A production of Chekhov’s Uncle Vanya should present the hopelessness felt by a family out in the sticks, alongside the humour of the text. The story of a family depressed by their provincial existence and the arrival of their brother-in-law and his hot young wife whom they support financially, should stir something uncomfortable and intriguing. This West End production directed by Lindsay Posner is at least uncomfortable.
Led by Ken Stott as Vanya, and starring Anna Friel as Yelena, the new wife of windbag professor Serebryakov (Paul Freeman), the show also sees Laura Carmichael (of Downton Abbey fame) as his put-upon daughter Sonya. Sonya, the youngest of the clan, is sensible, hard-working and completely besotted by Dr Astrov (Samuel West). Her longing is a hope that won’t die even in the realisation that Astrov like most of the men here, including her Uncle, is besotted by Yelena.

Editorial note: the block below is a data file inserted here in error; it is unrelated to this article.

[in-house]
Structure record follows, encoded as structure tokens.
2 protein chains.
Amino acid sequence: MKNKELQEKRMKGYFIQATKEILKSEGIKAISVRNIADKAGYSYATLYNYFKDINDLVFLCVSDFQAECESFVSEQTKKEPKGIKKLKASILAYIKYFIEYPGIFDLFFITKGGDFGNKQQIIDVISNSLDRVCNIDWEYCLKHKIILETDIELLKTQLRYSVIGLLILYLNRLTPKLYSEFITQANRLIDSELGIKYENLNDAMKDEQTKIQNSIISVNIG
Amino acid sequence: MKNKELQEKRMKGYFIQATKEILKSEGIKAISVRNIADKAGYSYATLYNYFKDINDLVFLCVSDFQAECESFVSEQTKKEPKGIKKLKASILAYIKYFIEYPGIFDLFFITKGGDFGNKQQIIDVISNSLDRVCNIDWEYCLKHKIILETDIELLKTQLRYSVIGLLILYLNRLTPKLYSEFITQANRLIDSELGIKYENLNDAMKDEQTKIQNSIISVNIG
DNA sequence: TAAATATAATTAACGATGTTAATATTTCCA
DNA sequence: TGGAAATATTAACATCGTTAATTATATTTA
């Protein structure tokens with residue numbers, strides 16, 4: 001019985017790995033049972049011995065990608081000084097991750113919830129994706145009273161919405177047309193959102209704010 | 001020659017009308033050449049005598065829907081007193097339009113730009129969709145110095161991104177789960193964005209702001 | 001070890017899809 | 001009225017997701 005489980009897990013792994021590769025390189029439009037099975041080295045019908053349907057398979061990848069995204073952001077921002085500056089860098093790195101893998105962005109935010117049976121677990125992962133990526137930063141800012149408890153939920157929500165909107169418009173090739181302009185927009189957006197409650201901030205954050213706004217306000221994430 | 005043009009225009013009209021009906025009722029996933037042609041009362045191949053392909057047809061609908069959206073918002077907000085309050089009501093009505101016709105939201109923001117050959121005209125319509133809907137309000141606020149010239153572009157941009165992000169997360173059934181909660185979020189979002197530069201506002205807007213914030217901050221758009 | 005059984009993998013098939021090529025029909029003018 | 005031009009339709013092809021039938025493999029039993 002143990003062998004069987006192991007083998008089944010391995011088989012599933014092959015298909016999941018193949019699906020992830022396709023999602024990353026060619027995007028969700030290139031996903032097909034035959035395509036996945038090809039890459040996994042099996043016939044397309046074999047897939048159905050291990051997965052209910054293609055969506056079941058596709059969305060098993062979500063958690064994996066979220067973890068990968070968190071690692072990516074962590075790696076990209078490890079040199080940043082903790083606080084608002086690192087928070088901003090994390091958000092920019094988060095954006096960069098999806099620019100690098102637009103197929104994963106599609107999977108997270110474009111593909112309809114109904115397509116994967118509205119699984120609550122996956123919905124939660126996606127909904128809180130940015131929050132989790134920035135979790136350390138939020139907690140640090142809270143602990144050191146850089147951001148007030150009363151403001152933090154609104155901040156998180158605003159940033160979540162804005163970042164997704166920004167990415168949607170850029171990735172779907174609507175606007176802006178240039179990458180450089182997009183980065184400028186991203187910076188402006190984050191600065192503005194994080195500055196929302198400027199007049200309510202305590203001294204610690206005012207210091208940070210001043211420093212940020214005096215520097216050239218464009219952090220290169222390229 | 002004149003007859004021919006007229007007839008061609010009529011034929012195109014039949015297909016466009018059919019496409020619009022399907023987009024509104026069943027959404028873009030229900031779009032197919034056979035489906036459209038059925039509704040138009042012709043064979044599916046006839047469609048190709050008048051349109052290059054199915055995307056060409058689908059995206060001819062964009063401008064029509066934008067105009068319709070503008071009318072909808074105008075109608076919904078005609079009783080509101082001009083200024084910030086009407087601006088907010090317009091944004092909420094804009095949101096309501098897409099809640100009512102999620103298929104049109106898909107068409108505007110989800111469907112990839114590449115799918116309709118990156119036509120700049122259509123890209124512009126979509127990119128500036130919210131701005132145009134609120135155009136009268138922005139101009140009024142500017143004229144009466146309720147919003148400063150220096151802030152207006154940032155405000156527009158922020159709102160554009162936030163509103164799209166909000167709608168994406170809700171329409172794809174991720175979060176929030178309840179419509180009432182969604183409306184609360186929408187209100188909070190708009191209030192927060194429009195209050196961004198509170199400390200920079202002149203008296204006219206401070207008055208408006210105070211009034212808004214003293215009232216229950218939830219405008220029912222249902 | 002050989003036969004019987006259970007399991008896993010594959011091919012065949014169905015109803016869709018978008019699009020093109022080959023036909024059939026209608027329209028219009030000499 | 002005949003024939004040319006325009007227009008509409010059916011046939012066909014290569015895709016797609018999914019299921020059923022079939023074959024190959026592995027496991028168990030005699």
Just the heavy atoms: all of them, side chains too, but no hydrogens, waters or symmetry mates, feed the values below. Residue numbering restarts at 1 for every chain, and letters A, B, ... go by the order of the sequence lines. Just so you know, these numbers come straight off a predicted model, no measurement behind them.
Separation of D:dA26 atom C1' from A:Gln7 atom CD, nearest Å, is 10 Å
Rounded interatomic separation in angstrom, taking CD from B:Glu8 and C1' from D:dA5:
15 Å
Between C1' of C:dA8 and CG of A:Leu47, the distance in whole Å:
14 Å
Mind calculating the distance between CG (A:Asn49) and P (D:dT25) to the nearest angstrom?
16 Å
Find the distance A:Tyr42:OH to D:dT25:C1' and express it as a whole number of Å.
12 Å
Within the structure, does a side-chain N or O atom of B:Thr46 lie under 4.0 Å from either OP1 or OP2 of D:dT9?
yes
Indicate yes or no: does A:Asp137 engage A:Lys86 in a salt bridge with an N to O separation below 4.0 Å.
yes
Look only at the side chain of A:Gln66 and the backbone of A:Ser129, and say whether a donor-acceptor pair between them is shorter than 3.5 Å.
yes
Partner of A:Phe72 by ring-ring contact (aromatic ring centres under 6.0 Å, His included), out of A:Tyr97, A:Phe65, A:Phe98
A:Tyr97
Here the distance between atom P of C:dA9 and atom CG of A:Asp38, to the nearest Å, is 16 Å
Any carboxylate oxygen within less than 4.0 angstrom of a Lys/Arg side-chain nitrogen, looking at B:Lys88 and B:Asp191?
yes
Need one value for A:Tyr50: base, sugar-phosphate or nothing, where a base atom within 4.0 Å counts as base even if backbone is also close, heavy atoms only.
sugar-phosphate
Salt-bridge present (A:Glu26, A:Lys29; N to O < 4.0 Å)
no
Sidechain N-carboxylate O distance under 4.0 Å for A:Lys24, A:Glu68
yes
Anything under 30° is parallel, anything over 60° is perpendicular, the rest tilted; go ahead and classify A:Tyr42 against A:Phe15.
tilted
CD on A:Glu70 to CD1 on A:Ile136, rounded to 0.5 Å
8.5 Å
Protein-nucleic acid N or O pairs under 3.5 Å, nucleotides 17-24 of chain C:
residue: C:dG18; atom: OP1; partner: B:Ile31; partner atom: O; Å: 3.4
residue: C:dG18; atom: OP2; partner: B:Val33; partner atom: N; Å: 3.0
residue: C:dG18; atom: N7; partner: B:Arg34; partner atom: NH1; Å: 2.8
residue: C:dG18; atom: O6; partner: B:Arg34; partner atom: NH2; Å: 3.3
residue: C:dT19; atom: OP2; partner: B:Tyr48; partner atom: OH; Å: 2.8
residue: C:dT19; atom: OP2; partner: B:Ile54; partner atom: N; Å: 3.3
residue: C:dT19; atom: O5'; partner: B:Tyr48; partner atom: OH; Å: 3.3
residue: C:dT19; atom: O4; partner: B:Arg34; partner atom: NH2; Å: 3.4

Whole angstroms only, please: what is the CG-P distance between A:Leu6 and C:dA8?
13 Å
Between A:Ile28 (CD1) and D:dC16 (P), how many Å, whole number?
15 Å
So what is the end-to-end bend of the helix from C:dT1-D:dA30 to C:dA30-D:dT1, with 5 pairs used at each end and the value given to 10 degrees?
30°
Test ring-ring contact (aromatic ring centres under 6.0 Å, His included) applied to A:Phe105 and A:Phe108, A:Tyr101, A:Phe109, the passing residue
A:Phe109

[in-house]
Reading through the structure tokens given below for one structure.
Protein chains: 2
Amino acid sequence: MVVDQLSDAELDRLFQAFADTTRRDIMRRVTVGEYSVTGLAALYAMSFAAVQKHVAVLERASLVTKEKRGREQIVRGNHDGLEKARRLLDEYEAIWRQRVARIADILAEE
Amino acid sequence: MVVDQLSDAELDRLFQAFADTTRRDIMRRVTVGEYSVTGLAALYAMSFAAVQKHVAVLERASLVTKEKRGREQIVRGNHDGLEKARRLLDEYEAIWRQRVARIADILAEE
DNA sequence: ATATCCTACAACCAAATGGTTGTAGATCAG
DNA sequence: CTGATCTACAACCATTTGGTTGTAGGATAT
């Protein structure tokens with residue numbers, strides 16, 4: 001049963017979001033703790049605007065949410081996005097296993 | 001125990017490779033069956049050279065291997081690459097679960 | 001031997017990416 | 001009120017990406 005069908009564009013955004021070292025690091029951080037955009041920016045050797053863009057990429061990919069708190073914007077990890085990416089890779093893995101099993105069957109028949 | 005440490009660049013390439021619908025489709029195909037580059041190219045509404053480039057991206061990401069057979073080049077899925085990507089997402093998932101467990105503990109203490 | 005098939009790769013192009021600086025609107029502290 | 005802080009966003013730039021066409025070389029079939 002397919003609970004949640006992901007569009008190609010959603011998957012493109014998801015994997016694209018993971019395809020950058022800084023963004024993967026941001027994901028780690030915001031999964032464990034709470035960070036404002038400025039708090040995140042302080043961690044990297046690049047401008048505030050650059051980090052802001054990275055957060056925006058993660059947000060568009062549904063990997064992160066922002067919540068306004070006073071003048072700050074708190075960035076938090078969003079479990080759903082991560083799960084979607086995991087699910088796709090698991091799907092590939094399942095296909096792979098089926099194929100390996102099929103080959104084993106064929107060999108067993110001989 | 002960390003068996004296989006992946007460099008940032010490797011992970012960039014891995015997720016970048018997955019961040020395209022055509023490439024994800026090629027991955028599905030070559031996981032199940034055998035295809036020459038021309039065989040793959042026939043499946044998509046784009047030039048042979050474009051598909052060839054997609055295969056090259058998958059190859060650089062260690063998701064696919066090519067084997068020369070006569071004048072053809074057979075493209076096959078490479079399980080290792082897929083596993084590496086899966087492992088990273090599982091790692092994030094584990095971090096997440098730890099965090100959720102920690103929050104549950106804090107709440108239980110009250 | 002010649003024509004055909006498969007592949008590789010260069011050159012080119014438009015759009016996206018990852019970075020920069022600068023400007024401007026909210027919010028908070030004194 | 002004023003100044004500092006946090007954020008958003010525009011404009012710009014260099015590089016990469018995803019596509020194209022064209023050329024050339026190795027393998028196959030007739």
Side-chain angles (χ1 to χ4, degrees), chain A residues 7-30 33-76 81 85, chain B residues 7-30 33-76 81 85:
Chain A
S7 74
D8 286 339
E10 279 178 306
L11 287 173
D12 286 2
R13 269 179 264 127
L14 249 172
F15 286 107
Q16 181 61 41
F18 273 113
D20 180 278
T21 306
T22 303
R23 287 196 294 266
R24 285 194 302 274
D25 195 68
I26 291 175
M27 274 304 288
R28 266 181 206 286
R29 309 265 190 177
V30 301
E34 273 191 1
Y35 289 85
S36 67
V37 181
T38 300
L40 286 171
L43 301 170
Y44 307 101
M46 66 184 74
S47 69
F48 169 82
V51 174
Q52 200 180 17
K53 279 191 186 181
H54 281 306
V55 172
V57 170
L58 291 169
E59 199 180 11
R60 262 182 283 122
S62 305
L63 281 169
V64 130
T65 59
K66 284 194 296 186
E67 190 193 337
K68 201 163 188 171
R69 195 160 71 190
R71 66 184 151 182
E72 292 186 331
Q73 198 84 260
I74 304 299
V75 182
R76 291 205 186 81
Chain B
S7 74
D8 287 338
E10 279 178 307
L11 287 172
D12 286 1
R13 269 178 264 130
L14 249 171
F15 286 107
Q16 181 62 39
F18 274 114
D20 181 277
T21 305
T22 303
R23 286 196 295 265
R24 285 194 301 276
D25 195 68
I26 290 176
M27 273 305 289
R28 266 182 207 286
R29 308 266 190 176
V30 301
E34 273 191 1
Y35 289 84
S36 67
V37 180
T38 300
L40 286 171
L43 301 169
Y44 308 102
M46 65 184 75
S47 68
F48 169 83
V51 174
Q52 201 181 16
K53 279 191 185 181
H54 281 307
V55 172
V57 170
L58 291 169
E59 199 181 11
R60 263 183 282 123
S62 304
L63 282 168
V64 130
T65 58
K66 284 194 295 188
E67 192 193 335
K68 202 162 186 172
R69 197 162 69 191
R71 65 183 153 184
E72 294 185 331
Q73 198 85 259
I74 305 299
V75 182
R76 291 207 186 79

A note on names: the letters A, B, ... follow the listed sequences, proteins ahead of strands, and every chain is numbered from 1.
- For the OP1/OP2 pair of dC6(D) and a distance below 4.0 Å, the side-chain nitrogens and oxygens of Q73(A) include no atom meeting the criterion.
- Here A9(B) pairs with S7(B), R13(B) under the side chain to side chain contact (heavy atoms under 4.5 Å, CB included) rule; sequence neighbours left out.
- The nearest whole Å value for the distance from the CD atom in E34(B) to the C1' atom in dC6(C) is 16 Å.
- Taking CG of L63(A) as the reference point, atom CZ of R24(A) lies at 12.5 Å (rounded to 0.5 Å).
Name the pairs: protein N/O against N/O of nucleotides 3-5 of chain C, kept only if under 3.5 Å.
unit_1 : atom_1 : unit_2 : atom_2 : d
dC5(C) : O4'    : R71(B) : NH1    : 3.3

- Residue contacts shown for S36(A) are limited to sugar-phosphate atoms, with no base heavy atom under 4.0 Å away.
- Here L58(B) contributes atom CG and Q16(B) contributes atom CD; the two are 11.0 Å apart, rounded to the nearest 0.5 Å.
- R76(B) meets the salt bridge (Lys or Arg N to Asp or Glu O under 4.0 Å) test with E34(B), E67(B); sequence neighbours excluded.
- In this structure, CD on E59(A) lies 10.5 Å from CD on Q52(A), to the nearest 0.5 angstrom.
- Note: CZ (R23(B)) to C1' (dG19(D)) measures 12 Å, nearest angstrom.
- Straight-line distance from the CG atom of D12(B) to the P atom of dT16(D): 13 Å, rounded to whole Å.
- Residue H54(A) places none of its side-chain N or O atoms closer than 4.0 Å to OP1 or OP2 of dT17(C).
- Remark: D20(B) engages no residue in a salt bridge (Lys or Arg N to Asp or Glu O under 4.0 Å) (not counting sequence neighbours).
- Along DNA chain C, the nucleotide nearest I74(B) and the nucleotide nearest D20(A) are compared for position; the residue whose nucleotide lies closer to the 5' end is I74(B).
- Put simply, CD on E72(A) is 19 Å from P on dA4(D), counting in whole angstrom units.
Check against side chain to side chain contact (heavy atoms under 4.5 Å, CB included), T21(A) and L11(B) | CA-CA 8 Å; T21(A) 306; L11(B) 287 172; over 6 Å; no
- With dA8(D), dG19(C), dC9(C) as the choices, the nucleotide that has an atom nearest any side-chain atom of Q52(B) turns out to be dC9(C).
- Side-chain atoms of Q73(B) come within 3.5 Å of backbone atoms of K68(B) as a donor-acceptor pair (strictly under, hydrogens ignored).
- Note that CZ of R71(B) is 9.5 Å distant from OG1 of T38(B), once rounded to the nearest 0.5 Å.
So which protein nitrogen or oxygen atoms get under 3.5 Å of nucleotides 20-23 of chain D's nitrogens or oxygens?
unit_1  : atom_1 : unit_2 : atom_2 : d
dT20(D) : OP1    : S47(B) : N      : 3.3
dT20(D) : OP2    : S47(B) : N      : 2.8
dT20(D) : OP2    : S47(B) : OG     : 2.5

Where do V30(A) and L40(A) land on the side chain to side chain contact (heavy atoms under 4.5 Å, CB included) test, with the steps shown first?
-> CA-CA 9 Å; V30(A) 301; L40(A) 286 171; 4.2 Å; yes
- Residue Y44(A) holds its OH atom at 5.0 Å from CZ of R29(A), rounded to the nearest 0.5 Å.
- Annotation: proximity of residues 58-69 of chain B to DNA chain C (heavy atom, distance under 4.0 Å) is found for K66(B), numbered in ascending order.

Despite the calibre of the actors and indeed the director, this production lacks any effective dynamics between the performers. Carmichael plays her role like she’s in a romantic tragedy (which in a way it is) while Sam West’s Astrov seems like something out of a British comedy. Ken Stott’s Vanya is fantastic but quite farcical and Anna Friel is basically phoning it in.
The events move on but there’s little palpable development from the performances. While there are many things to praise including the supporting cast and the set design, the lack of cohesion affects the pacing and effectively ruins it. Uncle Vanya requires an ensemble cast to at times, meld into one and at others, break away to give us their own individual take on a life of endless hard work and little real ambition. It needs careful navigation between the modulating tones and it needs to embrace those changes. Sadly, this West End production fails miserably on all those fronts.
Uncle Vanya runs at Vaudeville Theatre until 16th February 2013
Image by Nobby Clark